Ohioans can get a doctor’s order to use medical marijuana if they have one of the qualifying conditions, including chronic pain, Alzheimer’s, cancer, epilepsy, fibromyalgia or HIV/AIDS.
Gould said he believes the Ohio Medical Board should add anxiety, autism and opioid withdrawl to the approved list of conditions.
“Any conditions should be between the patient and their doctor,” Gould said. “I don’t think we should be turning conditions down. This is an alternative medicine that can make people feel better. It’s not addictive.”
Smoking the flower of the plant is prohibited by the law passed in 2016. Medical cannabis can be vaped and used in edibles and oils by patients for 21 approved conditions.
As of June 10, the most recent state data available, nearly 650 doctors in Ohio can prescribe medical marijuana.
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The Ohio Board of Pharmacy has adopted several policies to best serve patients during the coronavirus pandemic, spokeswoman Ali Simon said.
During the stay-at-home orders, licensed medical marijuana dispensaries were considered a health care and public health operation and remained open.
Dispensaries were allowed to offer curb-side pickup, but not allowed to deliver product to patients’ homes or another off-site location.
The Ohio Board of Pharmacy now also permits a patient or caregiver to telephone a medical marijuana dispensary or place an online order, Simon said. According to the pharmacy board, all transactions must take place during the dispensary’s hours of operation and under video surveillance. Dispensaries are not permitted to “cold-call” or initiate the medical marijuana sale.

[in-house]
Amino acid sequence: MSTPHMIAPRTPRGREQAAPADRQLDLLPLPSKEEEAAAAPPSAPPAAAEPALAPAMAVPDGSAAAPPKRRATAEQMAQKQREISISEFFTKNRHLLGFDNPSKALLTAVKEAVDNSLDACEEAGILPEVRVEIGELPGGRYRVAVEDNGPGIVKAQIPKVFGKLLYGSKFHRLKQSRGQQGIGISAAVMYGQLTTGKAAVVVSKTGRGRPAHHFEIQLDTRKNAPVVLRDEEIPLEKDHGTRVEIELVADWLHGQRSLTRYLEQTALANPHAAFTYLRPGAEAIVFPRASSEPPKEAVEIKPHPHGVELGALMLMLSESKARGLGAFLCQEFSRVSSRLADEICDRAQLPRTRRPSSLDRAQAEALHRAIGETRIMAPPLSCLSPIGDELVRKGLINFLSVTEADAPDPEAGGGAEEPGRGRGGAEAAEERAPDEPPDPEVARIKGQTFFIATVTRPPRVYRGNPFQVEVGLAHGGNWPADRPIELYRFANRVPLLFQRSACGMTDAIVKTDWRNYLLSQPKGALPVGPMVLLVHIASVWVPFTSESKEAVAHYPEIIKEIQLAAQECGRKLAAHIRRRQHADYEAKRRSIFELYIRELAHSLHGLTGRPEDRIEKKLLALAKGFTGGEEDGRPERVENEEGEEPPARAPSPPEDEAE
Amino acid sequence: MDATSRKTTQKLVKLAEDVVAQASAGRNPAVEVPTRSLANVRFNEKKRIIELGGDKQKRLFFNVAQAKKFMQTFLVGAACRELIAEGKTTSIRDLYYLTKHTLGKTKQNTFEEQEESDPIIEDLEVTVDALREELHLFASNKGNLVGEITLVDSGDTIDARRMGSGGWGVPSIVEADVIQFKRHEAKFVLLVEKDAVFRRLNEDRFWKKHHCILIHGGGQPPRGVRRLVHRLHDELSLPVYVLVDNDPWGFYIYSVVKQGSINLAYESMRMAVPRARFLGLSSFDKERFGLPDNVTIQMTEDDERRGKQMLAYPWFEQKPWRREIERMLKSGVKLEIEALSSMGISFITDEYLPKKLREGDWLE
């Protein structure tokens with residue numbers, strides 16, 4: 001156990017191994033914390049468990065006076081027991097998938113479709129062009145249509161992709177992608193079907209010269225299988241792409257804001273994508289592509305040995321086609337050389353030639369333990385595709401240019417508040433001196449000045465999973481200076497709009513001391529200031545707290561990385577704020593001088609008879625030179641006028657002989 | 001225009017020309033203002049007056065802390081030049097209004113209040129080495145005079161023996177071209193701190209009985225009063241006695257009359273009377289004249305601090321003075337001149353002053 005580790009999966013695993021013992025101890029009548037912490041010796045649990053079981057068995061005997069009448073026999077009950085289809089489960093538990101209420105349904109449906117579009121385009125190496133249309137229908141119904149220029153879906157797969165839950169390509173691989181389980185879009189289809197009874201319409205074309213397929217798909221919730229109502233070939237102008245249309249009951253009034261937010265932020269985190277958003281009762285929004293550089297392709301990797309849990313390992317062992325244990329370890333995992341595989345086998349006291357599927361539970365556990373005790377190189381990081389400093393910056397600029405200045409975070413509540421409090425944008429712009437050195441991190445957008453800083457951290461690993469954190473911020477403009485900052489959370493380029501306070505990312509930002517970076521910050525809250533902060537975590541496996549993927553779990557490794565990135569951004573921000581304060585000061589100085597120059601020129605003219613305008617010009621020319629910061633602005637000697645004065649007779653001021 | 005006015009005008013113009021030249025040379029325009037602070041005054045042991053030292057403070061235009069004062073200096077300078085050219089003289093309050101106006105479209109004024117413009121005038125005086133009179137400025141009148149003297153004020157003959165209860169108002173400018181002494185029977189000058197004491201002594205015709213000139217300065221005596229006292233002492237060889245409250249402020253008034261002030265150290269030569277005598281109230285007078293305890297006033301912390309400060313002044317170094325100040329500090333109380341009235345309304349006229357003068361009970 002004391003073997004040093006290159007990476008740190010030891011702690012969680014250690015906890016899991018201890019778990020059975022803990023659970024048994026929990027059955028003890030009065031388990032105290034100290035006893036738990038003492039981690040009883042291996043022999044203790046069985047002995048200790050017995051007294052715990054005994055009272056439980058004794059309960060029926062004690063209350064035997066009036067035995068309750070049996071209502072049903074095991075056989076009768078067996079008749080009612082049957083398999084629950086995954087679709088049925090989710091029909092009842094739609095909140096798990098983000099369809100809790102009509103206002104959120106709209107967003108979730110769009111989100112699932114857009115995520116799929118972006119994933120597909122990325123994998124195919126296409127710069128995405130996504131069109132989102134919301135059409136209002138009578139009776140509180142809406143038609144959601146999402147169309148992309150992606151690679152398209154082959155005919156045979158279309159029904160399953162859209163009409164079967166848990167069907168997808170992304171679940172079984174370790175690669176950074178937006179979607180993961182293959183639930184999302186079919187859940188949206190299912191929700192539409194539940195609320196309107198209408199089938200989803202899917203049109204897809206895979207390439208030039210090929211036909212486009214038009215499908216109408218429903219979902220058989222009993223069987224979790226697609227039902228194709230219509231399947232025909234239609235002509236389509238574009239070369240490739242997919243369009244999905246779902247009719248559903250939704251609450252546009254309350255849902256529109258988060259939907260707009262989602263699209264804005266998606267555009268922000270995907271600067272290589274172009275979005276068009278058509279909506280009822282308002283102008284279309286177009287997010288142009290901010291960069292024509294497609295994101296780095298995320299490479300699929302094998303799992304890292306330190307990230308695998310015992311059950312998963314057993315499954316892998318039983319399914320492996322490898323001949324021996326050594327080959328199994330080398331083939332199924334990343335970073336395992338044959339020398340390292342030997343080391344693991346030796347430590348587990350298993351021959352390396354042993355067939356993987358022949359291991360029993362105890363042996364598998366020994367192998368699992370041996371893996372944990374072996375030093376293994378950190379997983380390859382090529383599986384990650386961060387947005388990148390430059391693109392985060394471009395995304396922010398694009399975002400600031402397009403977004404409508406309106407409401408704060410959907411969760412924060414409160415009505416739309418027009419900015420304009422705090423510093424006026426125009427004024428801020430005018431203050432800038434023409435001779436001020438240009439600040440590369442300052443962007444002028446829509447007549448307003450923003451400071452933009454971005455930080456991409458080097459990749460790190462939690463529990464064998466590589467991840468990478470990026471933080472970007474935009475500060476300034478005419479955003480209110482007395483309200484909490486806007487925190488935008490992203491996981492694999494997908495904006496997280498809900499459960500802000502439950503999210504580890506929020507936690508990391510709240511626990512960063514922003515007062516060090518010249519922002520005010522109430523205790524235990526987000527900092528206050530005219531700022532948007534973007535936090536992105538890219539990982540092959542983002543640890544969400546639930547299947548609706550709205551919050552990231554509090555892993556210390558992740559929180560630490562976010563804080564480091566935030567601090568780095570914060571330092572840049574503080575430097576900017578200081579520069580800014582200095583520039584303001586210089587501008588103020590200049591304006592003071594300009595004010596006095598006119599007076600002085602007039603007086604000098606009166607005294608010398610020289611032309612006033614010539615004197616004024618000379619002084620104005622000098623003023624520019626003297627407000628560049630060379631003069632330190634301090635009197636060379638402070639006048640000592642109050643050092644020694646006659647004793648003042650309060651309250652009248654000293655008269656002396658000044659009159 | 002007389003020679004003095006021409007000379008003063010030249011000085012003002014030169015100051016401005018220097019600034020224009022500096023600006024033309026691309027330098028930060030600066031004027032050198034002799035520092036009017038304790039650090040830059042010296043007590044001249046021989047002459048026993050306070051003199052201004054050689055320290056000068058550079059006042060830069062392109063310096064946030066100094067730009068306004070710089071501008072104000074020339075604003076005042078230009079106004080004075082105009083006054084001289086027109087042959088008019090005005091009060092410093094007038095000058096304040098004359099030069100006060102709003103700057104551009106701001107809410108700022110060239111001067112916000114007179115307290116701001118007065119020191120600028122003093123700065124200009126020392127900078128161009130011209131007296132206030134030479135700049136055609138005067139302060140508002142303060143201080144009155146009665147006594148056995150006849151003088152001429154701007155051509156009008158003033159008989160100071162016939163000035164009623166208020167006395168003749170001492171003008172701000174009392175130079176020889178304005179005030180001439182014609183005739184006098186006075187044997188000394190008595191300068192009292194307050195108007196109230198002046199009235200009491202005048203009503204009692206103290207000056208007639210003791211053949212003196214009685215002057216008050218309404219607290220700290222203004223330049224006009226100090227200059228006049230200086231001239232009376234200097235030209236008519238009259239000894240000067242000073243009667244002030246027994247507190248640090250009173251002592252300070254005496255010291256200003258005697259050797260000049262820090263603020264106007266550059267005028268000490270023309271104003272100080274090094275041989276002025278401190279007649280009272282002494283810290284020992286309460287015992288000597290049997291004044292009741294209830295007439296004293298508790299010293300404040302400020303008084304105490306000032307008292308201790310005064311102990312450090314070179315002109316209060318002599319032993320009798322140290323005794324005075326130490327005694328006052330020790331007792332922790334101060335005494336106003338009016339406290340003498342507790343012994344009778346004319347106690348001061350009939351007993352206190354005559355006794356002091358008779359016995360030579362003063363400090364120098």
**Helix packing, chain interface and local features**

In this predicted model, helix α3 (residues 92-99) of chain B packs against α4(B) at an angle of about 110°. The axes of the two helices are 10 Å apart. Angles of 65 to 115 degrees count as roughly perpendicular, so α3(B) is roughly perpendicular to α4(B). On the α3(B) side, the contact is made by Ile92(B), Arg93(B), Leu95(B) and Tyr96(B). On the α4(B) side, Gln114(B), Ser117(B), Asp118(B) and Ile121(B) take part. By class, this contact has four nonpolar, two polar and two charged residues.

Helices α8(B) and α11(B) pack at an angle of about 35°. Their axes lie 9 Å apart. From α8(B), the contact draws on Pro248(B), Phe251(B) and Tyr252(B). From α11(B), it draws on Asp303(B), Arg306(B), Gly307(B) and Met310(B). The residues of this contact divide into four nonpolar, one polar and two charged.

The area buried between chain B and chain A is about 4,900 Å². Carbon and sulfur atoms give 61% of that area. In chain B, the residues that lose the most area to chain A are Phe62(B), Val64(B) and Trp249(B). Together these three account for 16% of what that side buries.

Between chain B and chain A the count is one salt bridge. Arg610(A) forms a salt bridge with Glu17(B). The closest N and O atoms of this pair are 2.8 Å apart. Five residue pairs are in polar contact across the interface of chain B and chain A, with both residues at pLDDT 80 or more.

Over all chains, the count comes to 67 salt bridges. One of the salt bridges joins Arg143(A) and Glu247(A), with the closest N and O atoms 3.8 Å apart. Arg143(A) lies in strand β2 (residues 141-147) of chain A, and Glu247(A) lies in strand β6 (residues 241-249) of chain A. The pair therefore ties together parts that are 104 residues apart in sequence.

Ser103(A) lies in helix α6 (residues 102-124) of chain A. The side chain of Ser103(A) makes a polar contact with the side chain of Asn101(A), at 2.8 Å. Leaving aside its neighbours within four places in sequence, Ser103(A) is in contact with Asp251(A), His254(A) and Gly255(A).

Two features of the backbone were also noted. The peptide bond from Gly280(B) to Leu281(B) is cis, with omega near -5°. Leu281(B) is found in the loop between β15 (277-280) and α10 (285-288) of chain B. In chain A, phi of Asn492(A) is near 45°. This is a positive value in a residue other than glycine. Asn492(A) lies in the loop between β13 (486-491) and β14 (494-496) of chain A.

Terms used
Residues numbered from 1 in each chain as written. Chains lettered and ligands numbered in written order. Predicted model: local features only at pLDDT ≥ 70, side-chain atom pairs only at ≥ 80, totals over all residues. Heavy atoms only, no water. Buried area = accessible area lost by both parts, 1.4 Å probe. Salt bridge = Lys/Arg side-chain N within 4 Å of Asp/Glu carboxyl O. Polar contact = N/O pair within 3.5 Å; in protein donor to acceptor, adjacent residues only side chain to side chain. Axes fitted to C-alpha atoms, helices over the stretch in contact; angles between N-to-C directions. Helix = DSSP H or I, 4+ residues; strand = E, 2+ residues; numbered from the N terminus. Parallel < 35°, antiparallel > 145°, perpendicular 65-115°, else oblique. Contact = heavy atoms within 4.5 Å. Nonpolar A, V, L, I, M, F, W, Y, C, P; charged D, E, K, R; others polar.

Additionally, Simon said the board has issued guidance for caregiver registration that authorizes a medical marijuana patient to have up to three caregivers.
In a pre-coronavirus world, medical marijuana patients were only permitted to have one caregiver. These changes are meant to expedite the caregiver registration process and reduce exposure to higher risk patients during the coronavirus outbreak, Simon said.
Strawberry Fields now offers curbside pick up and order by phone, and Pure Ohio Wellness started curbside pick up and recently launched online ordering.
“We would all be better off if the coronavirus never happened, but I think that it helped accelerate some program changes, like telehealth and online ordering, that probably would have happened anyway,” Pegram said.
The Board of Pharmacy will monitor and review the waivers that have been issued, Simon said, and discuss which could be made permanent. But at this time, nothing has been decided on if these changes will remain when the pandemic is over.
“The industry still has some growth to do,” said Gould.
The state has taken action on a handful of complaints against medical marijuana dispensaries, according to the Ohio Board of Pharmacy website. None of these were in the Miami Valley.
No criminal charges stemmed from the complaints on the board’s website, which showed settlement agreements for the complaints where action was taken. Complaints looked into whether or not the business violated rules around ownership or control over a dispensary.
All active complaints and investigations are confidential, Simon said.